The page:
BUTLER: (Calling after them) No strangling!—  (To audience) Ahem… I assure you, dear diners, there’ll be no violence (Clanging pots and muffled yelling heard offstage – BUTLER shouts toward kitchen) of any kind whatsoever! (To audience.) This is a civilized gathering – yes, a most (More clanging and muffled yelling heard offstage—BUTLER shouts over kitchen to audience) refined, cultural affair! (To audience.) But do keep your wits about you, lords and ladies, because with the prose and wit presented before your eyes tonight, purloinery will be performed beneath your very noses!  The game’s afoot!

(Spotlight down, lights up on side-stage, which is set like an entry hall. There is a bench and stool. Boisterous, incessant knocking is heard.  BUTLER deliberately and slowly ambles across stage to “open” unseen door just offstage.  Unseen stage-hand tosses a smidgeon of “snow” confetti into his face as howling-wind sound-effect is played, after which PUDDINIA twirls in with arms raised as if blown inside, bumping into BUTLER.  BUTLER recovers from the impact and, exerting much effort against the wind, closes the door.)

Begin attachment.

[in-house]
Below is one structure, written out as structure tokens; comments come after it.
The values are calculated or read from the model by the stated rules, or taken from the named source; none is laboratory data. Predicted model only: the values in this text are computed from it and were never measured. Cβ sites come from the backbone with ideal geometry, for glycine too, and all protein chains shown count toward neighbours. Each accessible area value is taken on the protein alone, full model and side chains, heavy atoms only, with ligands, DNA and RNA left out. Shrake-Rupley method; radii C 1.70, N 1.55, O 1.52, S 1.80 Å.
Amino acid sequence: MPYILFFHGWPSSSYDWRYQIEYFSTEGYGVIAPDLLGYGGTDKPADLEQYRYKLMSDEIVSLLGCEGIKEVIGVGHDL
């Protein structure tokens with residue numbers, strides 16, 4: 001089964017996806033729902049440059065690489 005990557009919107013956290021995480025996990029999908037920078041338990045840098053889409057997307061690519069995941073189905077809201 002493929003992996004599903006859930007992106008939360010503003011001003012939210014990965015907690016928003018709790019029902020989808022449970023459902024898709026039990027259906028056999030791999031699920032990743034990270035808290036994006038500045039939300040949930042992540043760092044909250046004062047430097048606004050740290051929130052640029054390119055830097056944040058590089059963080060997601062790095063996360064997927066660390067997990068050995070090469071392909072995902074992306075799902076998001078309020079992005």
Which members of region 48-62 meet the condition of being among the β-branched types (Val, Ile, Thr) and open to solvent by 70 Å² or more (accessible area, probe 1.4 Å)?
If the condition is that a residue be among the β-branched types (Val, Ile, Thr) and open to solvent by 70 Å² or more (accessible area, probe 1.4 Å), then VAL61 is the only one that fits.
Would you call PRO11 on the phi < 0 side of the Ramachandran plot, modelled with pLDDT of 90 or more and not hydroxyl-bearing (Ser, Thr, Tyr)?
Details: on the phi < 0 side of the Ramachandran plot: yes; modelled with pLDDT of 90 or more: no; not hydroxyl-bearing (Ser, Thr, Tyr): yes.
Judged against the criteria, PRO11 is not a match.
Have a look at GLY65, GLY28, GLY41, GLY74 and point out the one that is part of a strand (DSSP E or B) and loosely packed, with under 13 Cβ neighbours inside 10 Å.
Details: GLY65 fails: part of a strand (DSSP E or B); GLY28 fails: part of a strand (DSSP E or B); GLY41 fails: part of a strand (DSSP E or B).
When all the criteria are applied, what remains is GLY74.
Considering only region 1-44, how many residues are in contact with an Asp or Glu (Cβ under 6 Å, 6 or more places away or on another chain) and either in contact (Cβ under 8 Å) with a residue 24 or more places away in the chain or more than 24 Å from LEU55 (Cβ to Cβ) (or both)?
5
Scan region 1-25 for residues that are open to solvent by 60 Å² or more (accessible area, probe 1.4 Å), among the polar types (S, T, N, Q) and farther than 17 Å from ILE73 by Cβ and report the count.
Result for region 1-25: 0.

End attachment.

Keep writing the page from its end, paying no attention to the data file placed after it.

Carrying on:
BUTLER: (Spitting confetti with each “P”) Princess… Puddinia!  Welcome to Harmony Hall, Your Highness (bowing).

PUDDINIA: Thank you, Gerard (carelessly flinging her confetti-filled cape into BUTLER’s face.  BUTLER pauses, holding cape, eyes closed, then spits out confetti.) Well, don’t just stand there, let my sisters in!

BUTLER: Your sis—? (More boisterous, incessant knocking is heard.) Blimey!  (Leaps to door and opens it to more howling wind and more hand-tossed confetti.  FIGGELIA bounds in, tackling BUTLER and knocking him into PUDDINIA, who catches him.)

PUDDINIA: (Shouting over wind.) Where is she?